In choosing Harris, Biden is embracing a former rival from the Democratic primary who is familiar with the unique rigor of a national campaign. Harris, a 55-year-old first-term senator, is also one of the party’s most prominent figures and quickly became a top contender for the No. 2 spot after her own White House campaign ended.
Harris joins Biden in the 2020 race at a moment of unprecedented national crisis. The coronavirus pandemic has claimed the lives of more than 150,000 people in the US, far more than the toll experienced in other countries. Business closures and disruptions resulting from the pandemic have caused an economic collapse. Unrest, meanwhile, has emerged across the country as Americans protest racism and police brutality.
Trump’s uneven handling of the crises has given Biden an opening, and he enters the fall campaign in strong position against the president. In adding Harris to the ticket, he can point to her relatively centrist record on issues such as health care and her background in law enforcement in the nation’s largest state.
Harris’ record as California attorney general and district attorney in San Francisco was heavily scrutinized during the Democratic primary and turned off some liberals and younger Black voters who saw her as out of step on issues of systemic racism in the legal system and police brutality. She tried to strike a balance on these issues, declaring herself a “progressive prosecutor” who backs law enforcement reforms.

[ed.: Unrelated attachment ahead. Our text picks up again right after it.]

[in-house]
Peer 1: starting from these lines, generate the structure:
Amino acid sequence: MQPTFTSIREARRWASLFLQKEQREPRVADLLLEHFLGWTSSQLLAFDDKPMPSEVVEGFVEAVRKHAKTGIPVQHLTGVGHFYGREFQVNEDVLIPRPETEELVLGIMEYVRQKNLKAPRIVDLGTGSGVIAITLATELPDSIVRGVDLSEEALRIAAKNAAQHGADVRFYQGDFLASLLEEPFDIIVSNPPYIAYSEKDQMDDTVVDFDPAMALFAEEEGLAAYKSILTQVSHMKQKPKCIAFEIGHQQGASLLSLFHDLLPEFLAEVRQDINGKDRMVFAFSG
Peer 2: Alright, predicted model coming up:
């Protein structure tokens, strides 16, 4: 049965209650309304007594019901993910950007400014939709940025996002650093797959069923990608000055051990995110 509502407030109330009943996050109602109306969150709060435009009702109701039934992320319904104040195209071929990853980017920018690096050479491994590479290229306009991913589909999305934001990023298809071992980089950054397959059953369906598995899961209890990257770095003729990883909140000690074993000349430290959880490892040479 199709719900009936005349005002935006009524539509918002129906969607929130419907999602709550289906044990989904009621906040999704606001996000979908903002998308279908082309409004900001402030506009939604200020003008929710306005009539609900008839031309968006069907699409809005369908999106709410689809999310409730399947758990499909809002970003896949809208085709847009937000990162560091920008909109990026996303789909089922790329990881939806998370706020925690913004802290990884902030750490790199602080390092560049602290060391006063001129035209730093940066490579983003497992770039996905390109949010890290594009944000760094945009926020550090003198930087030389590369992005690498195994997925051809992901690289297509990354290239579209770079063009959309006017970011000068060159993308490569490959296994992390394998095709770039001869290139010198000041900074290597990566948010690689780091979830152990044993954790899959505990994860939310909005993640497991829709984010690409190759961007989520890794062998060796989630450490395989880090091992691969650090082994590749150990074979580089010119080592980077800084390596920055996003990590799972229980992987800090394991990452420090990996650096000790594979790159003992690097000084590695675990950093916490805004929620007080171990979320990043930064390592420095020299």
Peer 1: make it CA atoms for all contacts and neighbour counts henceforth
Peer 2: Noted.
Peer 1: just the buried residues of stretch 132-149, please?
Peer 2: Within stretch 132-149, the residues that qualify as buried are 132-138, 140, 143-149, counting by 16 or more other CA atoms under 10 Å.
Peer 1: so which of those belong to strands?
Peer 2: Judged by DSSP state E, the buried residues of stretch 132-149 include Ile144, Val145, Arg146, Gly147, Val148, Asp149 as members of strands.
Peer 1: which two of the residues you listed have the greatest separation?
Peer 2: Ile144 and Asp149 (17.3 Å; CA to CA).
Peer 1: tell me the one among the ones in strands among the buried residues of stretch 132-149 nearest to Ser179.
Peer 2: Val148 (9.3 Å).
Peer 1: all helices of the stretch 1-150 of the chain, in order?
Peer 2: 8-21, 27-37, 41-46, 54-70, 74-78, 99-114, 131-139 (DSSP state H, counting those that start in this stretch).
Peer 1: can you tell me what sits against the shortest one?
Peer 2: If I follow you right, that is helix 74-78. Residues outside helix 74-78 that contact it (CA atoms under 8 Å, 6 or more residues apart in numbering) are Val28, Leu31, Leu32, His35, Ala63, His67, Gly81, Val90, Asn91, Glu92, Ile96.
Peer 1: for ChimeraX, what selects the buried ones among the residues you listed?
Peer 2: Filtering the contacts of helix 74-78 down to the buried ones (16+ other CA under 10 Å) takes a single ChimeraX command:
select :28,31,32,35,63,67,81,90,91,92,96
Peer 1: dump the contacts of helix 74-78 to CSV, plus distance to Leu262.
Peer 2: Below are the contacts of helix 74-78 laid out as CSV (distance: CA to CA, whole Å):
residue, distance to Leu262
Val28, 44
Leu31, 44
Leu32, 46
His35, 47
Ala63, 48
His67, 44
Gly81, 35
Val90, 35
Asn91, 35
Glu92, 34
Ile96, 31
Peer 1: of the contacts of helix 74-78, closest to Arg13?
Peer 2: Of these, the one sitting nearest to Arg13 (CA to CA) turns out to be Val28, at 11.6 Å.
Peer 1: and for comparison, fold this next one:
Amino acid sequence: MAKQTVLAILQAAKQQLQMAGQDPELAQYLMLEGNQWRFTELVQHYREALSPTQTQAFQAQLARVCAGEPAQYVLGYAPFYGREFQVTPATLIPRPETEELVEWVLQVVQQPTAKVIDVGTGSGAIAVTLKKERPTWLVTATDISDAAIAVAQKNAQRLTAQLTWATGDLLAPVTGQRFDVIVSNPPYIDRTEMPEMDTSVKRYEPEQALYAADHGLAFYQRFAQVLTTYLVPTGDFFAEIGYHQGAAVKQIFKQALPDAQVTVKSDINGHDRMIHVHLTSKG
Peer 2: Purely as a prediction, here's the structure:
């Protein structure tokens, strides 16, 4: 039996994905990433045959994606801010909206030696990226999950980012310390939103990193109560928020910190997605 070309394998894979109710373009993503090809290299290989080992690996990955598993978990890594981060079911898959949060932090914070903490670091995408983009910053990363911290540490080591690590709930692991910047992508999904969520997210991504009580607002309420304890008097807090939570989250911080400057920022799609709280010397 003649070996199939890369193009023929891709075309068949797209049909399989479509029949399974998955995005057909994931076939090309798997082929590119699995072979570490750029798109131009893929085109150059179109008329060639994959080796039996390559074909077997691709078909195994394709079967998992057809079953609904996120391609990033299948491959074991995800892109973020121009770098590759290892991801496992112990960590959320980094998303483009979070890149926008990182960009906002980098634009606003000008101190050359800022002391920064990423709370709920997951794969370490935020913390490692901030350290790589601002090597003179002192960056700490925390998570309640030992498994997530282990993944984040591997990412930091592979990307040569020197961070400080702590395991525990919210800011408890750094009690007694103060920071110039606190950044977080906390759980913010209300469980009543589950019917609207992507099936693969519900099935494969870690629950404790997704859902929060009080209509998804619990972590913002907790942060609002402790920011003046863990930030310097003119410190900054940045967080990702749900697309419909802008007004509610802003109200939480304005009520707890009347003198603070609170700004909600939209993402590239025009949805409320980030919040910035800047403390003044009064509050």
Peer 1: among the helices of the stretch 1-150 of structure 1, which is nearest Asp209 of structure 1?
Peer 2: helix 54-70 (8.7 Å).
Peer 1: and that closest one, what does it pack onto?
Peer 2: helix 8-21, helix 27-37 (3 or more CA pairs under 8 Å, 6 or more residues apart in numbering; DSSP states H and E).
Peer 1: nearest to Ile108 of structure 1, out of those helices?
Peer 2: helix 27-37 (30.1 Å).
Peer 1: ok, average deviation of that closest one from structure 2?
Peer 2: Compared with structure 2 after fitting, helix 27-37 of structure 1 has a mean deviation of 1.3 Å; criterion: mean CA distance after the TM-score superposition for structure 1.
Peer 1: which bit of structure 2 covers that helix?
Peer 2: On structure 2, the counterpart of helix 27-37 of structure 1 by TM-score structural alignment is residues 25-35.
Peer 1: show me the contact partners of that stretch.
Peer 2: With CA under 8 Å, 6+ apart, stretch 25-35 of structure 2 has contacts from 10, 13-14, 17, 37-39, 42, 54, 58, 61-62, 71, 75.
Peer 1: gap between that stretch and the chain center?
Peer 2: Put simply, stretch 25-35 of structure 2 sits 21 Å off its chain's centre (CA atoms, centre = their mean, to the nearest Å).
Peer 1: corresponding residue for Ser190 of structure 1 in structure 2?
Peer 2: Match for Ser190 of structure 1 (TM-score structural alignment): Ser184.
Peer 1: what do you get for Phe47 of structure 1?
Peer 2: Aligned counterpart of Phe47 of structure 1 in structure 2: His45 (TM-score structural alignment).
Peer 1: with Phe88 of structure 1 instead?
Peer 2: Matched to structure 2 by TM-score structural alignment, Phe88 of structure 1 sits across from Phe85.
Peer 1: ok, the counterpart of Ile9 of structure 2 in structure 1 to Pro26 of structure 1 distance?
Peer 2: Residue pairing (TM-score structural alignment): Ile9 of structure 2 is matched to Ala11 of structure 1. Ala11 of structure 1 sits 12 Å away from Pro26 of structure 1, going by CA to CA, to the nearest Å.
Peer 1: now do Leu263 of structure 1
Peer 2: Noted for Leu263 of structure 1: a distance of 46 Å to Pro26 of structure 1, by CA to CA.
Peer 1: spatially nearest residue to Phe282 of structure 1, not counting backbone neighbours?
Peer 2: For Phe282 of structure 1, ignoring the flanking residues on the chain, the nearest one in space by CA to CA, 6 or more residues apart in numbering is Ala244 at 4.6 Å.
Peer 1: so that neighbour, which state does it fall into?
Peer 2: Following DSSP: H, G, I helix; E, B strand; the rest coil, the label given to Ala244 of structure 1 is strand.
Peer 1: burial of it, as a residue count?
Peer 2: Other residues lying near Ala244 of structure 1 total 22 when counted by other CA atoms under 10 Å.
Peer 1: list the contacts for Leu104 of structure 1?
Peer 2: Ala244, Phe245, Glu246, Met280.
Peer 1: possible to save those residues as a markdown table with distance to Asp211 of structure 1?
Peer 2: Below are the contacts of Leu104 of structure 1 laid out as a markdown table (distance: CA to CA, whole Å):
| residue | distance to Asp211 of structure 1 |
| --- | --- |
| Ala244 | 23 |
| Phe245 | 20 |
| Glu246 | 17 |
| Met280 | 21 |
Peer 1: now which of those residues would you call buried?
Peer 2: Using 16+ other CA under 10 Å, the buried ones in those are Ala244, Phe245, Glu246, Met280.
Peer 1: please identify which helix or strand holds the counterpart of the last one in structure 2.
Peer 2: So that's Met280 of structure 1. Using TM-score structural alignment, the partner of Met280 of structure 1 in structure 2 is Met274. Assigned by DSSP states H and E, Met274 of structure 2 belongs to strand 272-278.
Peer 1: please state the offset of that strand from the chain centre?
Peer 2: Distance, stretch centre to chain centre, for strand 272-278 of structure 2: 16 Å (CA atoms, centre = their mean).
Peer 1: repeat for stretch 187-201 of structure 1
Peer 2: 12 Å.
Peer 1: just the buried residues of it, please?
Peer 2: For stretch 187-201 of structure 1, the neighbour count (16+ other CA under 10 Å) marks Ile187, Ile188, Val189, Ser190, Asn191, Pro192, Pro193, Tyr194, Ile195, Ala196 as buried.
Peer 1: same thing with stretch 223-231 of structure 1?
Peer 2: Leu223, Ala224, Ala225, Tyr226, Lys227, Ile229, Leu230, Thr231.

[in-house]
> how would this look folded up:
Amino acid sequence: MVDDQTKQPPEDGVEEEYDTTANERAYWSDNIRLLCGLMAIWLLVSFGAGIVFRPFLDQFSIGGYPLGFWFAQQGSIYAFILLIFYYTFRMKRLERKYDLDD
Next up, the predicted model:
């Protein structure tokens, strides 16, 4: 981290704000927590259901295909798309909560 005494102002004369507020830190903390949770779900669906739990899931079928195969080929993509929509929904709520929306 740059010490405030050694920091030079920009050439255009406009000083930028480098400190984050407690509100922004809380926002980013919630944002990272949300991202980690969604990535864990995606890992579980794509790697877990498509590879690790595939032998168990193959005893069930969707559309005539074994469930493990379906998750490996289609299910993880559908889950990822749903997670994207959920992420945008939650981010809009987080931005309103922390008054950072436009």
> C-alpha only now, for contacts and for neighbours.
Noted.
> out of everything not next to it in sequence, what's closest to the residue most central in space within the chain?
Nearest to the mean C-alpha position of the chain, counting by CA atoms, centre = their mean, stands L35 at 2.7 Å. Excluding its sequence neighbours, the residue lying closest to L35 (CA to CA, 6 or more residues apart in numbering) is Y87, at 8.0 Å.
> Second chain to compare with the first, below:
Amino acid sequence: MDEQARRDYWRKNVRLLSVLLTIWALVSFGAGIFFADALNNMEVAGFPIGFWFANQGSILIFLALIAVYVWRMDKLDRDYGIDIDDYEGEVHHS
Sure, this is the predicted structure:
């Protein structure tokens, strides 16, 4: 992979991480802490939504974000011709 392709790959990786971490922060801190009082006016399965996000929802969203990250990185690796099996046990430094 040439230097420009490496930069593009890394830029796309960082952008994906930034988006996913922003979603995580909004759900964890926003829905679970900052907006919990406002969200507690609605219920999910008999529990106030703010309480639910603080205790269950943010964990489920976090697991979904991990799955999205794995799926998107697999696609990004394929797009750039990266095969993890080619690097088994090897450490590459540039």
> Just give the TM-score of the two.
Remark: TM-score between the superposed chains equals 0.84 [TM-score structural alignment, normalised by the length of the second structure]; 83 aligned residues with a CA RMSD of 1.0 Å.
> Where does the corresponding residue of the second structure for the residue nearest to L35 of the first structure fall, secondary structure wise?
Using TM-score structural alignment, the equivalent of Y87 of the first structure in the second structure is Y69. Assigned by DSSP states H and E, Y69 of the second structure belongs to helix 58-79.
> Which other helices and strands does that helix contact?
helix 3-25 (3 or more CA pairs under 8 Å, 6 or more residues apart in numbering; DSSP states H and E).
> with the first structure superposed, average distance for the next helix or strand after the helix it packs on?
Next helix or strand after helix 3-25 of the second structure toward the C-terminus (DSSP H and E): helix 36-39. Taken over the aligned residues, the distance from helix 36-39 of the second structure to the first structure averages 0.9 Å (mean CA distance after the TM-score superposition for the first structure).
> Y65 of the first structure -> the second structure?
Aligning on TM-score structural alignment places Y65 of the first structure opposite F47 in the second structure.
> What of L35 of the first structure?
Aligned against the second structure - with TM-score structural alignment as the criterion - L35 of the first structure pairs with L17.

Biden, who spent eight years as President Barack Obama’s vice president, has spent months weighing who would fill that same role in his White House. He pledged in March to select a woman as his vice president, easing frustration among Democrats that the presidential race would center on two white men in their 70s.
Biden’s search was expansive, including Massachusetts Sen. Elizabeth Warren, a leading progressive, Florida Rep. Val Demings, whose impeachment prosecution of Trump won plaudits, California Rep. Karen Bass, who leads the Congressional Black Caucus, former Obama national security adviser Susan Rice and Atlanta Mayor Keisha Lance Bottoms, whose passionate response to unrest in her city garnered national attention.
A woman has never served as president or vice president in the United States. Two women have been nominated as running mates on major party tickets: Democrat Geraldine Ferraro in 1984 and Republican Sarah Palin in 2008. Their party lost in the general election.
The vice presidential pick carries increased significance this year. If elected, Biden would be 78 when he’s inaugurated in January, the oldest man to ever assume the presidency. He’s spoken of himself as a transitional figure and hasn’t fully committed to seeking a second term in 2024. If he declines to do so, his running mate would likely become a front-runner for the nomination that year.
Born in Oakland to a Jamaican father and Indian mother, Harris won her first election in 2003 when she became San Francisco’s district attorney. In the role, she created a reentry program for low-level drug offenders and cracked down on student truancy.
She was elected California’s attorney general in 2010, the first woman and Black person to hold the job, and focused on issues including the foreclosure crisis. She declined to defend the state’s Proposition 8, which banned same-sex marriage and was later overturned by the US Supreme Court.
As her national profile grew, Harris built a reputation around her work as a prosecutor. After being elected to the Senate in 2016, she quickly gained attention for her assertive questioning of Trump administration officials during congressional hearings. In one memorable moment last year, Harris tripped up Attorney General William Barr when she repeatedly pressed him on whether Trump or other White House officials pressured him to investigate certain people.